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Jolivet M.,French National Center for Scientific Research | Arzhannikov S.,Institute of the Earth Crust | Arzhannikova A.,Institute of the Earth Crust | Chauvet A.,Montpellier University | And 2 more authors.
Journal of Asian Earth Sciences | Year: 2013

The East Sayan ranges are a key area to understand the interactions between the transpressive deformation linked to the far-field effects of the India-Asia collision and the extension linked to the opening of the Baikal Rift System. The active deformation that affects this range is very recent (around 5Ma) but occurs in a very complex morphotectonic setting and the understanding of the Tertiary deformation relies entirely on a detailed knowledge of the pre-deformation situation. Using apatite fission track thermochronology, cosmogenic 10Be and morphological study on Tertiary lava flows we demonstrate that prior to the Oligocene the morphology of the East Sayan area was characterized by a wide, constantly rejuvenated erosion surface. Apatite fission track thermal modelling indicates that this surface started to form at least in Late Jurassic-Early Cretaceous (140-120Ma). The long-term exhumation rates (several tens of million years) derived from apatite fission track data (17.5m/Ma) and the short-term erosion rates (over a few hundred thousand years) derived from cosmogenic 10Be data (12-20m/Ma) are coherent implying a near constant mean erosion rate since Late Jurassic. This constant, slow erosion prevented the formation of a lateritic-kaolinic weathering crust on the planation surface. By Oligocene-early Miocene times a long wavelength uplift that remains to be explained, induced incision that created shallow valleys later filled by basaltic lava flows. Finally, the present short-wavelength topography initiated during the Pliocene. © 2011 Elsevier Ltd.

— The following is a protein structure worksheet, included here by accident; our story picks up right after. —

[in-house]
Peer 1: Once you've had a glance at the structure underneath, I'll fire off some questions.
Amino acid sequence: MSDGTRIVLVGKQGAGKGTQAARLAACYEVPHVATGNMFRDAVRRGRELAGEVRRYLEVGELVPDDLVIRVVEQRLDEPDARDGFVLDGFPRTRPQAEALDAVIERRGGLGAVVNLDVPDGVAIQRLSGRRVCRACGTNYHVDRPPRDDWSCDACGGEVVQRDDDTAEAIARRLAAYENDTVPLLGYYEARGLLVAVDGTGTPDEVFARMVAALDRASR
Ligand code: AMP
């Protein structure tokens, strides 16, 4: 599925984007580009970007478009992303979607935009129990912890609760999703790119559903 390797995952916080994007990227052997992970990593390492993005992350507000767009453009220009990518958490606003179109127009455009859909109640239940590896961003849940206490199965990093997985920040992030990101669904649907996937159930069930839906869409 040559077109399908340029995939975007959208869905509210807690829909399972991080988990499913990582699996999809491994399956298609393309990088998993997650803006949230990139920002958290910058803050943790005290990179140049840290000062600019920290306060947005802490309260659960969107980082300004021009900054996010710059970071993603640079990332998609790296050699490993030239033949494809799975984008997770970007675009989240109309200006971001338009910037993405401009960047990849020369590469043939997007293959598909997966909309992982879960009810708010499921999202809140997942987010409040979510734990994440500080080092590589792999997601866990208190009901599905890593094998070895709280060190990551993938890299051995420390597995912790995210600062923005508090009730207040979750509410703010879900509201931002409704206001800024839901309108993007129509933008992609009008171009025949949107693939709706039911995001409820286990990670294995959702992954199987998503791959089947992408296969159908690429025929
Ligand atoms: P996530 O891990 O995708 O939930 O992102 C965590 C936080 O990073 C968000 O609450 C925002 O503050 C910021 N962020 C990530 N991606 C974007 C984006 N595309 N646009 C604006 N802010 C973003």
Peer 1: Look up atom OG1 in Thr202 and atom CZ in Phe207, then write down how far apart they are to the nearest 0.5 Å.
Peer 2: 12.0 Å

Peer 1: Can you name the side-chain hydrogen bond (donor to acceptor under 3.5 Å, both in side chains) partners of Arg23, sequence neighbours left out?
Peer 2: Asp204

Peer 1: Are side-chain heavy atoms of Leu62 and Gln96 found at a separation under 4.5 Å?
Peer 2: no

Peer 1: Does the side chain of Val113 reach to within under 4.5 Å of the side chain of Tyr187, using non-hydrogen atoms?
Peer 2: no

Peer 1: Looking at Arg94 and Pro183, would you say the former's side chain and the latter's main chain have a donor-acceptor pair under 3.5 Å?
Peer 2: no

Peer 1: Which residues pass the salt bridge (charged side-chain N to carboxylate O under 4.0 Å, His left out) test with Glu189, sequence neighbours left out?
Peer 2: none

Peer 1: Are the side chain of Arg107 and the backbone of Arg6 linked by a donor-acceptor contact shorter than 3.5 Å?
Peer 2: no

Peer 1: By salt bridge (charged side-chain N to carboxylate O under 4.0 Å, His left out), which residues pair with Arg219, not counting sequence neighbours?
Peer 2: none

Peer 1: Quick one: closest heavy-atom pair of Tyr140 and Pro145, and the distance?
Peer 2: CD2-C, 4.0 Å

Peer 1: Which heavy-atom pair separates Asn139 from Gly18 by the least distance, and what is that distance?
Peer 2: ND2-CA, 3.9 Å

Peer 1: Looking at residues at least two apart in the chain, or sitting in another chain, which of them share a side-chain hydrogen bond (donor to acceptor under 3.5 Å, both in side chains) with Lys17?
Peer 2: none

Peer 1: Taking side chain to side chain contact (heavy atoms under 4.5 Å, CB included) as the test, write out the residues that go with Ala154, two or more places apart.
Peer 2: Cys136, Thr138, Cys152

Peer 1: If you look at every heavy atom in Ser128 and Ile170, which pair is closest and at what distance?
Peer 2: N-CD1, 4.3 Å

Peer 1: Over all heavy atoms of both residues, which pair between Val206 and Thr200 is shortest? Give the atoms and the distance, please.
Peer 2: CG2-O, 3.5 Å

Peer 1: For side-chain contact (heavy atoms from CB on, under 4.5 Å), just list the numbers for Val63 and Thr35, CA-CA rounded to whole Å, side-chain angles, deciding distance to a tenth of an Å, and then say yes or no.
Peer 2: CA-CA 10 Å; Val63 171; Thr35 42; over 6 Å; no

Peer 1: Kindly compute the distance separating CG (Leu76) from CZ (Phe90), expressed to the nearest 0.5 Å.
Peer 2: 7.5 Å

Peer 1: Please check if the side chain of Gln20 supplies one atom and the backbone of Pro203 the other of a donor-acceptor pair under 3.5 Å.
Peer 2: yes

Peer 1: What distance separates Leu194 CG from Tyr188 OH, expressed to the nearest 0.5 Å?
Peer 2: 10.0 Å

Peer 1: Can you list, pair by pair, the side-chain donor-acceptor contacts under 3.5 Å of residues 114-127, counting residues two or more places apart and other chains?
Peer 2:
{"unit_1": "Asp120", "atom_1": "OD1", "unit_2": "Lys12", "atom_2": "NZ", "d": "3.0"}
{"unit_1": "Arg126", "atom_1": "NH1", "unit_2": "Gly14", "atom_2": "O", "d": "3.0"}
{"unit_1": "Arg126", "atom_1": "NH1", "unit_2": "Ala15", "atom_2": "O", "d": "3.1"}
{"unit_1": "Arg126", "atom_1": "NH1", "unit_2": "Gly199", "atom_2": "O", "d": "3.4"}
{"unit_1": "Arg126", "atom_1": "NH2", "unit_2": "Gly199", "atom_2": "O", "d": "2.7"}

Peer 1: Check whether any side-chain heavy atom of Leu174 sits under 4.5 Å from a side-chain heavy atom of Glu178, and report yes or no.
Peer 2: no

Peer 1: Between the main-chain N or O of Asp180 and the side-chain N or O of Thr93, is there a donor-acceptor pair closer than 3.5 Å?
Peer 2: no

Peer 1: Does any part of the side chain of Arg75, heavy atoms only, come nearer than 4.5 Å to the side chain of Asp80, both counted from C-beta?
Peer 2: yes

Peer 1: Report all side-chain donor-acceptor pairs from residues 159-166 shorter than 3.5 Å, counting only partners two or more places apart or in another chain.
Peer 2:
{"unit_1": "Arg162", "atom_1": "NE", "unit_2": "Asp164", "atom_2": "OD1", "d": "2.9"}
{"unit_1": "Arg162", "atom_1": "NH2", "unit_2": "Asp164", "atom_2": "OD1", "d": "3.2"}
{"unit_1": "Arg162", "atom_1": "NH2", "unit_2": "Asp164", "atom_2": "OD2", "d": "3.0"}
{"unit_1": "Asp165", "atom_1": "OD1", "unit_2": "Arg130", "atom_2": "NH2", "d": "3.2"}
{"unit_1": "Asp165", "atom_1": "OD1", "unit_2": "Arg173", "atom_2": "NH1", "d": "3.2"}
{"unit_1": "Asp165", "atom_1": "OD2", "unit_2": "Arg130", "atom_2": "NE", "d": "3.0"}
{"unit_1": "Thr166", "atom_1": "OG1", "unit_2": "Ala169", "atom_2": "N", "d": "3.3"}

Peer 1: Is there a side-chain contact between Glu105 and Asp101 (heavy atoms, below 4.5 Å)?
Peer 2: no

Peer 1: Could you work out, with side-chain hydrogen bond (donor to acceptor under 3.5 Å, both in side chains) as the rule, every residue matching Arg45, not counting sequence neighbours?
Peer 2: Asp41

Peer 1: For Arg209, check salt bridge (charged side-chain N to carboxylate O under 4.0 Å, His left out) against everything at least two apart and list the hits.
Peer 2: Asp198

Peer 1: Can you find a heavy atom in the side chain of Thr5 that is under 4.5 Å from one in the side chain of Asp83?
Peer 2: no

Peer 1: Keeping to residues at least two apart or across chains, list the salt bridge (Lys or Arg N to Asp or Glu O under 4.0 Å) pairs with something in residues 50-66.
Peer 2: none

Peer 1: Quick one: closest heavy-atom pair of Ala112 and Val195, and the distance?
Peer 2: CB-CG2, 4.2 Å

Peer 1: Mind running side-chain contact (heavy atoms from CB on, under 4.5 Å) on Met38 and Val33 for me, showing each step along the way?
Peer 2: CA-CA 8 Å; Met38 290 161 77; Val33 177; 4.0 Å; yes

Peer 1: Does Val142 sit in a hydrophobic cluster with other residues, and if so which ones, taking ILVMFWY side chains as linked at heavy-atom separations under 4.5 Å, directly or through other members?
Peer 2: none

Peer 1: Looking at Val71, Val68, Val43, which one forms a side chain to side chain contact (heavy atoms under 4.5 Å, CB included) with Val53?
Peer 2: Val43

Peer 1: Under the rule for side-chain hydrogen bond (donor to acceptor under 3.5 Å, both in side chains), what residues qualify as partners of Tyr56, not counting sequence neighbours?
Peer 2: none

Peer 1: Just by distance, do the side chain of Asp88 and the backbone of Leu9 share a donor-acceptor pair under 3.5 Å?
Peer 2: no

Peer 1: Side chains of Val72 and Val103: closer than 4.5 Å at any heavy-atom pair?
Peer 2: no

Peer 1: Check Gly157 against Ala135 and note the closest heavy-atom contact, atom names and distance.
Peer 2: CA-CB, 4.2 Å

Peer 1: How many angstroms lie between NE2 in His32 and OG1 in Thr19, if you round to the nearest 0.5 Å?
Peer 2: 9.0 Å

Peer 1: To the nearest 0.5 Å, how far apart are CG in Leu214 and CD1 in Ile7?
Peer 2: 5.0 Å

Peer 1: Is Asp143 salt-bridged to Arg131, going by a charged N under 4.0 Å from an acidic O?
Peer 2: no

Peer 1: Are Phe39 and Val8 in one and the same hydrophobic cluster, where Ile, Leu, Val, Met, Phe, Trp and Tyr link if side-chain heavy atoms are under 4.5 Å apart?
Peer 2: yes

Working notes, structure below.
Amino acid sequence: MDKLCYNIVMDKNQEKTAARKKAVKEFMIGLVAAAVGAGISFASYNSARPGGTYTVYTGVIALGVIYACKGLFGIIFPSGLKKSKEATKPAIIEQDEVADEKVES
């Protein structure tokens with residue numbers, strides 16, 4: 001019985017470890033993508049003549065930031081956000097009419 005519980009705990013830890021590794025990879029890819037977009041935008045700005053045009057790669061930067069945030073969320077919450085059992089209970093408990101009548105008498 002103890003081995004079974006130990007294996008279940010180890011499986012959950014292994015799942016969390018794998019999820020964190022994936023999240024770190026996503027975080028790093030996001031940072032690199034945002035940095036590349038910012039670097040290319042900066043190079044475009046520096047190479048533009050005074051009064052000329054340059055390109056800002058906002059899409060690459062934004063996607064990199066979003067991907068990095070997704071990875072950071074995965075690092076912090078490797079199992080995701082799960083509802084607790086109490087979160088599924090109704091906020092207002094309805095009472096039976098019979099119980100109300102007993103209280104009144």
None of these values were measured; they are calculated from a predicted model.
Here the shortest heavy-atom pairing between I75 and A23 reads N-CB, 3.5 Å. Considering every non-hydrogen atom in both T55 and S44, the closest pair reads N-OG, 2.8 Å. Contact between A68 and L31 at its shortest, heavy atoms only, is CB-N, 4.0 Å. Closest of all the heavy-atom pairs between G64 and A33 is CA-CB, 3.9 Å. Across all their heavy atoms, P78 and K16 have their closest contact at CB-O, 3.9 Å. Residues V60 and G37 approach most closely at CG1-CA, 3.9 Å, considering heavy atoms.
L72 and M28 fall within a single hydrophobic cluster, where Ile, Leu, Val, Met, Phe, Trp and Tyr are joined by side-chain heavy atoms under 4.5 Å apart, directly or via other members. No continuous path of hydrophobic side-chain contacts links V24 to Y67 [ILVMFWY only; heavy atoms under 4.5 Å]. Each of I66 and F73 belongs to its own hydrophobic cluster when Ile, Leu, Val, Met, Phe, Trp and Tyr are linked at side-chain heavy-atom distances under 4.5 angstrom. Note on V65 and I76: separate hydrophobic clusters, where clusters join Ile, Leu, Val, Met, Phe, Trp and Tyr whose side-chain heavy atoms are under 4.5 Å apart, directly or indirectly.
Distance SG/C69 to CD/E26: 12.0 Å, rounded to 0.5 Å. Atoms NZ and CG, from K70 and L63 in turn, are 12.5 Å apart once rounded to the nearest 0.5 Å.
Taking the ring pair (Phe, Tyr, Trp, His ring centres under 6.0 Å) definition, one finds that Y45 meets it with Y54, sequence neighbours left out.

Jolivet M.,French National Center for Scientific Research | Arzhannikov S.,Institute of the Earth Crust | Chauvet A.,Montpellier University | Arzhannikova A.,Institute of the Earth Crust | And 3 more authors.
Gondwana Research | Year: 2013

The Baikal Rift System in southern Siberia is one of the main intracontinental extensional features on Earth. The rift system represents the northwestern boundary of the Amuria plate and in that respect can be considered as an evolving plate boundary. The Baikal Rift System has been widely studied both in terms of geology and geophysics and many models have been proposed for its formation and evolution. However, the age of the initiation of deformation and the mechanism driving this deformation are still largely debated. While major extension has occurred since the Late Miocene-Pliocene, the onset of extension seems older than the India-Asia collision, implying that several driving mechanisms may have acted together or in relay through time. In this work, we review the available data and models for deformation in an area encompassing the Baikal Rift System, the Sayan ranges to the west and the Transbaikal to the east. Using a synthesis of this data and our own field and mapping observations, we show that the Baikal Rift System, along with transpressional deformation in the Sayan ranges and transtension in the Transbaikal area, can be explained through major left-lateral strike-slip systems. The deformation is strongly controlled by inherited crustal and lithospheric structures, and is distributed over a wide area within the western Amuria plate that consequently cannot be considered as a rigid block. Such distributed deformation is likely to have a strong effect on the structure of the future continental margin if extension evolves towards the formation of oceanic crust. © 2012 International Association for Gondwana Research.